Special Hobby 1/72 TT-1 Pinto

KIT #: SH 72206
PRICE: $22.50 SRP
DECALS: Four options
REVIEWER: Scott Van Aken
NOTES: Short run kit


The Temco Model 51 had been initially proposed to the US Air Force in response to an Air Force competition for a jet-powered primary trainer, which was won by the Cessna T-37 Tweet. The concept behind the Model 51 was an attempt to provide primary training in a jet-powered aircraft. The official name for the Model 51 was the Pinto.

The Pinto was a mid-wing, tricycle landing gear trainer with an enclosed cockpit powered by a single Continental Motors J69-T-9 (license-built Turbomeca Marboré) jet engine. The aircraft carried no armament.

The TT-1s were equipped with many of the same features found in operational jets, including ejection seats, liquid oxygen equipment, speed brakes, along with typical flight controls and instrument panels. Although the flight characteristics were considered good, the "wave off" capability was rated marginal due to being slightly underpowered.

After its first flight in 1956, the prototype was sent to the Naval Air Test Center (NATC) Patuxent River to be evaluated alongside the Beech Model 73 Jet Mentor. Fourteen of the aircraft, designated TT-1, were produced between 1955 and 1957.

In 1959, these aircraft served in the Air Training Command at Pensacola, Florida and used in a training program demonstration testing the feasibility of using a jet-powered trainer for primary flight training.

In March 1959, Aviation Cadet E. R. Clark soloed in a TT-1, the first student in Naval Aviation history to solo a jet without previous experience in propeller aircraft. By the end of 1960, TT-1s were phased out of operations in the naval training command and sold as surplus.


It is nice that Special Hobby decided to kit this aircraft. While not all that well known, it has not been well served by kit makers, the only other injected plastic kit being done by Aurora way back in the 1960s. It is obvious when looking at the two injected sprues that this is going to be used for another version as there are several parts not applicable to this boxing. Indeed, a civil super Pinto is boxed that will use the tip tanks, weapons pylon and different intake to name a couple of things.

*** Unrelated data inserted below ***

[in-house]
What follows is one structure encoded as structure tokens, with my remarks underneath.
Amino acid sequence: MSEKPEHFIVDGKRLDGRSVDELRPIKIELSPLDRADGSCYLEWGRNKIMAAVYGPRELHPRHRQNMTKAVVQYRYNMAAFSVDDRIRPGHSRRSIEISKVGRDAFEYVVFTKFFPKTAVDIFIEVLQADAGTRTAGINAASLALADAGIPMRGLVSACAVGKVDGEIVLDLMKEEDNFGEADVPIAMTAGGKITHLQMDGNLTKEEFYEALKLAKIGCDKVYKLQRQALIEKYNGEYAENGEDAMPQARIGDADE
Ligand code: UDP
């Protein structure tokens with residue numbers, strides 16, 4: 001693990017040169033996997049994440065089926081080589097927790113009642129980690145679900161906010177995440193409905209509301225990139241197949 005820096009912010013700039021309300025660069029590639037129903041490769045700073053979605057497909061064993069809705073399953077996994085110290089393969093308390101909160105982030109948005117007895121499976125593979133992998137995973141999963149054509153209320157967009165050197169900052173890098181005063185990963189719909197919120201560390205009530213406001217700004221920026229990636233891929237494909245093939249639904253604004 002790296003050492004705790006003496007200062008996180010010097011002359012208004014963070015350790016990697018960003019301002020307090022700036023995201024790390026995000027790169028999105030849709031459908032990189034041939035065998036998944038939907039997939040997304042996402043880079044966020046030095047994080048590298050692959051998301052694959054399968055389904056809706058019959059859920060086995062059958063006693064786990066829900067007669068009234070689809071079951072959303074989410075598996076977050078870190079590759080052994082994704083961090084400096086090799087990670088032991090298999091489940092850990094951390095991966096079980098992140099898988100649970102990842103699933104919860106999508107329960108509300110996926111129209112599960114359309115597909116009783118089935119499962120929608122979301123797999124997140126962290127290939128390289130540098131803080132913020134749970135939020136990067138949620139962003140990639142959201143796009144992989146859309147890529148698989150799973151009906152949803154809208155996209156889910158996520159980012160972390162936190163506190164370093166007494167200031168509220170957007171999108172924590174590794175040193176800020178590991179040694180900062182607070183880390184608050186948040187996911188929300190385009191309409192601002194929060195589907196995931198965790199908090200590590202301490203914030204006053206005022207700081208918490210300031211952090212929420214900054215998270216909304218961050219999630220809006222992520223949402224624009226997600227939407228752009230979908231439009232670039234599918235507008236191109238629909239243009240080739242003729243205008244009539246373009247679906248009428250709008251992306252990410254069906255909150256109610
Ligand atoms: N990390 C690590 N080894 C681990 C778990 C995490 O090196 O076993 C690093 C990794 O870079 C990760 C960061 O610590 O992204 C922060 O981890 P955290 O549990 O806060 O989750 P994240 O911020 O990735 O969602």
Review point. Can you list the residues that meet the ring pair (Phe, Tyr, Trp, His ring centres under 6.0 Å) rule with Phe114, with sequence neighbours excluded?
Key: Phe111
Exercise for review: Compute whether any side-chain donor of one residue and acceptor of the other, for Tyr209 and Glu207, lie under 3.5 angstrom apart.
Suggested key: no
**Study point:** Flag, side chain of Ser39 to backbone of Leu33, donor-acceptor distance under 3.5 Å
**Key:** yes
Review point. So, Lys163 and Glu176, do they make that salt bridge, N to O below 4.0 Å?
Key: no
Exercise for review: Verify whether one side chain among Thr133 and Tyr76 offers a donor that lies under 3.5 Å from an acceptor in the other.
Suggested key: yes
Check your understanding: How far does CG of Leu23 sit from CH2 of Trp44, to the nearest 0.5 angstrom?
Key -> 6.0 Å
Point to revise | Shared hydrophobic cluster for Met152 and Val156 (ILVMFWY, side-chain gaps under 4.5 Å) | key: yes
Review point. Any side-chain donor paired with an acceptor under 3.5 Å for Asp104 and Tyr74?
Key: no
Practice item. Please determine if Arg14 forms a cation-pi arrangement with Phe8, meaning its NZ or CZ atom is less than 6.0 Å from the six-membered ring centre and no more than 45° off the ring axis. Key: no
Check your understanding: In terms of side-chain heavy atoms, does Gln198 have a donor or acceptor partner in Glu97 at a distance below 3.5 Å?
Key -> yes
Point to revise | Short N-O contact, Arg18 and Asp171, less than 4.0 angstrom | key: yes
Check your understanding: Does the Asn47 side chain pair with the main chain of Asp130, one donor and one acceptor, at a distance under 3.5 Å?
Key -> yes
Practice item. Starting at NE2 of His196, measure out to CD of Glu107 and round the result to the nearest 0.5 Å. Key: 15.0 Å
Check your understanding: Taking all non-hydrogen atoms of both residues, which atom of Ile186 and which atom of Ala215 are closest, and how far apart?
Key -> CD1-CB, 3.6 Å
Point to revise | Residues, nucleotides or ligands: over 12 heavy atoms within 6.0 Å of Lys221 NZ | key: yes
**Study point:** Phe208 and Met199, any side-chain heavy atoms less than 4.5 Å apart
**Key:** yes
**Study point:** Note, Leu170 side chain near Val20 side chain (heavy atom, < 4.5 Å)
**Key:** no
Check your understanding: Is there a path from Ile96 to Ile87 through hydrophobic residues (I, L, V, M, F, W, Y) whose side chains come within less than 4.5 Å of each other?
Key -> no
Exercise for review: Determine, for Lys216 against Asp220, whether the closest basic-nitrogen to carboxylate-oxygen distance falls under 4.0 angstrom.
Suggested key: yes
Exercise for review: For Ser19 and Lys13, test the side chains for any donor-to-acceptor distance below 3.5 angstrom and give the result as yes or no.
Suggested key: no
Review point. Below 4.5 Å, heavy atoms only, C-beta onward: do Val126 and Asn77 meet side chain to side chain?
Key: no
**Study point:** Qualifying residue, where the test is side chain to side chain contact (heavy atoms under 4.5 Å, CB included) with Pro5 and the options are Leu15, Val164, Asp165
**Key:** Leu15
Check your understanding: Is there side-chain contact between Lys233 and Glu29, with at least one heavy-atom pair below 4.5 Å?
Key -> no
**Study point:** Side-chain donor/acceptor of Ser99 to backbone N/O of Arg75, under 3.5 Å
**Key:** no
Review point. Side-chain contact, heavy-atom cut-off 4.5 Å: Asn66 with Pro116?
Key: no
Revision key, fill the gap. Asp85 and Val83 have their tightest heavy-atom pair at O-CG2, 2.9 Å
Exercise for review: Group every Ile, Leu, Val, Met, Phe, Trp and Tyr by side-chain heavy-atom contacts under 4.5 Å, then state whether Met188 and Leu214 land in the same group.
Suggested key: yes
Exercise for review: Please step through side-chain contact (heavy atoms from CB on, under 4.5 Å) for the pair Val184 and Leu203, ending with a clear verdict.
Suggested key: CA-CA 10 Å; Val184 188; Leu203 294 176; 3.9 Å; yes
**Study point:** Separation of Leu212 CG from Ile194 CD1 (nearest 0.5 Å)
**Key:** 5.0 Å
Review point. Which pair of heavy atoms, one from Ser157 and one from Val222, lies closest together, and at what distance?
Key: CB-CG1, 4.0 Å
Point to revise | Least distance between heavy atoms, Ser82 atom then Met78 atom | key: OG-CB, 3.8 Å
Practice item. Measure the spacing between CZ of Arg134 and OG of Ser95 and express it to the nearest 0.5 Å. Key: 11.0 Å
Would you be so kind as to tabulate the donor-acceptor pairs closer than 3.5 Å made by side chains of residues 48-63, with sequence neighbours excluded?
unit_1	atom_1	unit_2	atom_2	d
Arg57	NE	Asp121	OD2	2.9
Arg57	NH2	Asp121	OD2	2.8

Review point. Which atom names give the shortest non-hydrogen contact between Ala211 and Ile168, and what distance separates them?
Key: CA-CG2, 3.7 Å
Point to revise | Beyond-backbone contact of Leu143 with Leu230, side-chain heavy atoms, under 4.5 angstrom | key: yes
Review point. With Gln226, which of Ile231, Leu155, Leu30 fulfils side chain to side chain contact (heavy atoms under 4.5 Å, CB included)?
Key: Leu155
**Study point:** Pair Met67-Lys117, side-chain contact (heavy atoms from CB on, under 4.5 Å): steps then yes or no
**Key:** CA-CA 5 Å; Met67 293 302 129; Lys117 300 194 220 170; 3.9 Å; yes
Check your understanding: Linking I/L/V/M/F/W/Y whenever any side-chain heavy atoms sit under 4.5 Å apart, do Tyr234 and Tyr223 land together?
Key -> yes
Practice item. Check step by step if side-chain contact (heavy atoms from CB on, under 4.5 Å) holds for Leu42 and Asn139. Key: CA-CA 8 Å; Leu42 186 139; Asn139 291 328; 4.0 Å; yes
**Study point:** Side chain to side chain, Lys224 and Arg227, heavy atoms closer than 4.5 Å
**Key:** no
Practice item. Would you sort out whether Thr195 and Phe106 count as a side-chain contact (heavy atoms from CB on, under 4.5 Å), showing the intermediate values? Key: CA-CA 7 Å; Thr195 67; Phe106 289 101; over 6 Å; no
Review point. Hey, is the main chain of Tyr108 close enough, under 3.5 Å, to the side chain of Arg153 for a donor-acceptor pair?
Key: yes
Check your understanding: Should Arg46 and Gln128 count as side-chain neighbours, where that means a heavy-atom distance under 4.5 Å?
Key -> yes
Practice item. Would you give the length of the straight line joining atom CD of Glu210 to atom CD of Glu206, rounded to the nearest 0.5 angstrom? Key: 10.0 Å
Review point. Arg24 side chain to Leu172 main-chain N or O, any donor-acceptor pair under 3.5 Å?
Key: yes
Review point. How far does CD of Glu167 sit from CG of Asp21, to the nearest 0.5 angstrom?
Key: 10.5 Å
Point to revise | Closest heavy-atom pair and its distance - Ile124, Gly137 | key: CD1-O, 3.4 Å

Molding is pretty good though detail is a bit soft, as is the norm for low pressure moldings like this. There are ejector towers in most of the large parts, but removal will be pretty easy. One will also have to clean up all the parts as the mold seams are rather pronounced. There are two separate cockpit moldings for this and both are identical. The seats are rather generic and could use some belts and harnesses to spice them up. Though I am sure one will not be done, it could use an aftermarket cockpit and a lot will be visible under the one-piece, and very clear canopy.

The other clear bit is a nose cap that could benefit from an MV Products lens as there will be nothing behind it but the nose gear well. Speaking of the nose gear, this is the lone option in the kit as one of them has some sort of protective fence around it. Both of the nose gear options have the wheel incorporated with the gear leg.

Instructions are well done, as usual with Special Hobby/MPM/Azur, and offer color information using Gunze paints. There are four markings options, all of them in Trainer Yellow with Black anti-glare nose panels. A full color painting and markings guide is on the back of the box with four options. One is the box art plane with NATC in Flight Test or Service Test markings from 1958. Next is the first of the fourteen production aircraft with just base markings from 1957. The third option is one of the service aircraft based at Saufley Field in 1960. The final option is another NATC plane from March  1958. This is the scheme with which one would use the optional nose gear. Decals are superbly printed by Aviprint and should work very well.


 I am quite pleased to see this kitted as I am drawn to kits like this. Small it will be and I should add that though no nose weight is suggested in the instructions, it might not be a bad idea to add some. It is a rather basic kit and would be perfect for those who want to dabble in short run.



June 2012

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